Mustard and Senning Correction for TGA in Sweden and Denmark

Study Questions:

What are the long-term survival and predictors of mortality after the Mustard and Senning procedure for transposition of the great arteries (TGA)?

Methods:

Surgical records were obtained from all centers that performed Mustard and Senning procedures in Sweden and Denmark. Information about deaths was obtained from the Danish and Swedish Centralized Civil Register.

Results:

A total of 468 atrial switch patients were identified. Perioperative 30-day mortality was 20%, and 60% were alive after 30 years of follow-up. Only pacemaker implantation is predictive of long-term outcome (hazard ratio [HR], 1.90; 85% confidence interval [CI], 1.05-3.46; p = 0.04). The risk of reoperation was correlated to the presence of associated defects and where the first Mustard/Senning operation was performed.

Conclusions:

The long-term survival of patients with Mustard and Senning correction for TGA appears to be primarily determined by factors in the right ventricle and tricuspid valve, and not the timing of or the type of surgery in childhood. The need for pacemaker implantation appears to be associated with increased mortality.

Perspective:

This study reports long-term survival after the Mustard and Senning procedure in Sweden and Denmark. Operative factors such as type of surgery (Mustard vs. Senning) did not impact long-term survival. Previous studies have shown patients do well for a period of time, with subsequent functional decline. The overall 30-year survival was 60%, although this includes significant perioperative mortality. It will be very helpful to understand the late natural history for this patient population to guide in decisions regarding medical management and need for cardiac transplantation. Interestingly, pacemaker placement was a risk factor for long-term mortality. It is unclear whether this pacemaker-associated mortality was related to underlying issues creating the need for a pacemaker, or complications of long-term pacing itself.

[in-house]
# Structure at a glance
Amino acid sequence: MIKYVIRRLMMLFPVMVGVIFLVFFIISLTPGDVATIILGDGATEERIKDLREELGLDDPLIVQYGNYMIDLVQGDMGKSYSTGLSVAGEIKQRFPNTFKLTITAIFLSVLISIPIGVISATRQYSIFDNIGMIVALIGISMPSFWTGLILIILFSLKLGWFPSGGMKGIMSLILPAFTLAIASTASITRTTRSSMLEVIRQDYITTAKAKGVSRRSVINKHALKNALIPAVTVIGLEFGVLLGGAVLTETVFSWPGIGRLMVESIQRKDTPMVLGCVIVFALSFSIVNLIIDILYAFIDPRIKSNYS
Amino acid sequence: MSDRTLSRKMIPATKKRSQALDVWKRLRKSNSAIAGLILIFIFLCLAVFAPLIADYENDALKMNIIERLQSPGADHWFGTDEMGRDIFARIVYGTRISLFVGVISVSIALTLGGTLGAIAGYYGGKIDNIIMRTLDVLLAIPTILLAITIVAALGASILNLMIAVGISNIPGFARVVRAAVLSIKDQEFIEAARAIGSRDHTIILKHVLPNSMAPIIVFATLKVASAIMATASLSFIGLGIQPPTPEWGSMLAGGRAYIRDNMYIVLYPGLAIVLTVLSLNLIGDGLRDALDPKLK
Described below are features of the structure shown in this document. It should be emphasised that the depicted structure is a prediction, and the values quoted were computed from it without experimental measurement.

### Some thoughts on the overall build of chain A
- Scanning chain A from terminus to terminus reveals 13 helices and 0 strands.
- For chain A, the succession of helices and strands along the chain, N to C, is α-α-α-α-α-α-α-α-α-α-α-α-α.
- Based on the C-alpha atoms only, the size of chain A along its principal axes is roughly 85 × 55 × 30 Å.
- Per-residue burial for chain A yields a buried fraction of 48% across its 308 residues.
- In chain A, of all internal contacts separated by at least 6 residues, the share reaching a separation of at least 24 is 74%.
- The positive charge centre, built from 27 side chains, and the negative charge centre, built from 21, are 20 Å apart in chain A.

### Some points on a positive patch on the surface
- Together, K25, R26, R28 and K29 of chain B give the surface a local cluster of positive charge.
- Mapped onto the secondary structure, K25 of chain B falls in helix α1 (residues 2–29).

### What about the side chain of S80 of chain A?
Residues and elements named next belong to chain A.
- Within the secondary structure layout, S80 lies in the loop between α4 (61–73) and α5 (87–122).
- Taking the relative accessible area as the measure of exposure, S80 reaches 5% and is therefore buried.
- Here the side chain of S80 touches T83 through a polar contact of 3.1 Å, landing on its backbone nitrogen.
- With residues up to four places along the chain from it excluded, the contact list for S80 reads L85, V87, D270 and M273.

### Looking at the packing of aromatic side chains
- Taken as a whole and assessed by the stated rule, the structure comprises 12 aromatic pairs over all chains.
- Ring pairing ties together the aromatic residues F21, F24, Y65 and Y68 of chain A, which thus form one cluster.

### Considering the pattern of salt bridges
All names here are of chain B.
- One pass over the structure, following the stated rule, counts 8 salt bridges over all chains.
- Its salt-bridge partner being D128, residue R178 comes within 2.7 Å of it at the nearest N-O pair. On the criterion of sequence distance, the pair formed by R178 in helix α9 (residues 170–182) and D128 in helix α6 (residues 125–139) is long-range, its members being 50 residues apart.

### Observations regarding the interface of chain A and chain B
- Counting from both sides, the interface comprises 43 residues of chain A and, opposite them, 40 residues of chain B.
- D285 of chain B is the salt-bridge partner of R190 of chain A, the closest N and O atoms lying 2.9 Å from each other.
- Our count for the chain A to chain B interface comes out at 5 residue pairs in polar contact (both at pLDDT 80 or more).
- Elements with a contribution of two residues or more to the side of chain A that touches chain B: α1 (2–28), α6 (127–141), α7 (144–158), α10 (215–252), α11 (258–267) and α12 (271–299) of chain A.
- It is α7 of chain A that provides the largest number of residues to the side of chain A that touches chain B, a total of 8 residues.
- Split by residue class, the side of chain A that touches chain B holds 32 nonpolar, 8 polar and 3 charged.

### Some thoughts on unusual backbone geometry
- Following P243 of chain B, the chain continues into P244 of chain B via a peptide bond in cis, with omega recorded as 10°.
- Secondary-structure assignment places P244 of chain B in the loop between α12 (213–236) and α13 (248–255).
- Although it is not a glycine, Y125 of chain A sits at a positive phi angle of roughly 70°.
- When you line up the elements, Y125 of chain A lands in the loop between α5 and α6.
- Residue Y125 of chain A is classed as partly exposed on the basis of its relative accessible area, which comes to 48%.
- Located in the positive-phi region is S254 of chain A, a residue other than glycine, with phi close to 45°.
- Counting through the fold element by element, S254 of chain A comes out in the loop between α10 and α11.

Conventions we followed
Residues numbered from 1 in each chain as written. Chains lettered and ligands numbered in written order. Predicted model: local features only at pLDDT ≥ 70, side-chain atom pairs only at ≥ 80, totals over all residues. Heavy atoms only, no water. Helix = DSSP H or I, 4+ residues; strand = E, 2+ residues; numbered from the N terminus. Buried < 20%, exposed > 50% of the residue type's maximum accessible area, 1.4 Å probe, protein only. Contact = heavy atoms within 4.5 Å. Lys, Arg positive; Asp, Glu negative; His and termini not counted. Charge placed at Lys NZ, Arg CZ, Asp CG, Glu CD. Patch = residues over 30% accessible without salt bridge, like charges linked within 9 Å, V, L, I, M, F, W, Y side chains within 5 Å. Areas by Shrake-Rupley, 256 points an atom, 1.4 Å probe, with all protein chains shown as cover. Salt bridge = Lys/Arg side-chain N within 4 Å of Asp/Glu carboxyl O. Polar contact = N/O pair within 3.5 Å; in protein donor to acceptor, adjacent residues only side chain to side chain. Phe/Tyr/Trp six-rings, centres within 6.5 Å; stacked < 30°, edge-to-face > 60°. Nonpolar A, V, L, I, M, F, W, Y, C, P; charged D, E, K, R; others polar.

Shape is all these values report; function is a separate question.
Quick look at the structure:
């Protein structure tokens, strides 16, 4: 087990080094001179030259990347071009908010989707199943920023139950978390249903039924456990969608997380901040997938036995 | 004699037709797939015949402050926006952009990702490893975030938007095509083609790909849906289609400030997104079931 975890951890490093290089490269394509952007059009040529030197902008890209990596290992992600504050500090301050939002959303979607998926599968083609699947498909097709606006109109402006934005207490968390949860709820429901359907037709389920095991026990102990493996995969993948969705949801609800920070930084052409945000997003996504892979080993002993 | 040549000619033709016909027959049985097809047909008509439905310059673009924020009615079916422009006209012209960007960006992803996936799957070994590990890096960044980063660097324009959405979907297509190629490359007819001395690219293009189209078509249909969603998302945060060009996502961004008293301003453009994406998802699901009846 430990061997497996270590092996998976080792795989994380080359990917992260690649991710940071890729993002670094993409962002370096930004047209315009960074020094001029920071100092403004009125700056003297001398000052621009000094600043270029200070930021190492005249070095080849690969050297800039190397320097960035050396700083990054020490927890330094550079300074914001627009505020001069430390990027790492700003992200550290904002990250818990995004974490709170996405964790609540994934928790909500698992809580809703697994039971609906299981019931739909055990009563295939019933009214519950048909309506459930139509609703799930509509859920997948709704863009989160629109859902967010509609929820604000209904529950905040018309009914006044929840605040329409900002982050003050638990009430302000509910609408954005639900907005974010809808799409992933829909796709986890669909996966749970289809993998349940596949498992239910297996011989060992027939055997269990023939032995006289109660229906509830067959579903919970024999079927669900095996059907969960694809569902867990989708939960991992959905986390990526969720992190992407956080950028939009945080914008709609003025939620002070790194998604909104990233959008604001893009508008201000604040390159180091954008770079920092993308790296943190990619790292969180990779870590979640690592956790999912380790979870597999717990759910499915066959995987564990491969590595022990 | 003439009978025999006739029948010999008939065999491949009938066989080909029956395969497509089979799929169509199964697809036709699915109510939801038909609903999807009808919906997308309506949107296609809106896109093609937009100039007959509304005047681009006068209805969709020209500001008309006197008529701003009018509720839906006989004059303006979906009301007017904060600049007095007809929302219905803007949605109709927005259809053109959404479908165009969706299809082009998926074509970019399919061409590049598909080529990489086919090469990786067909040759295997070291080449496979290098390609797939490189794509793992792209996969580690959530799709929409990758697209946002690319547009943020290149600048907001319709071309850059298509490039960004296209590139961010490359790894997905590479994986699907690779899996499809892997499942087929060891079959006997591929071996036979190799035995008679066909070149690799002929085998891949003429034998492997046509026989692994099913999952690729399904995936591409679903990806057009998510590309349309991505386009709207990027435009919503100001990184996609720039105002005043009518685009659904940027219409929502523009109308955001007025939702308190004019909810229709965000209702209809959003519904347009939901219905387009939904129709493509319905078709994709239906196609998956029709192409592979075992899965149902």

Clinical Topics: Cardiac Surgery, Congenital Heart Disease and Pediatric Cardiology, Invasive Cardiovascular Angiography and Intervention, Cardiac Surgery and CHD & Pediatrics, Congenital Heart Disease, CHD & Pediatrics and Interventions, CHD & Pediatrics and Quality Improvement, Interventions and Structural Heart Disease

Keywords: Cardiac Surgical Procedures, Heart Defects, Congenital, Pacemaker, Artificial, Risk Factors, Survival, Transposition of Great Vessels, Tricuspid Valve


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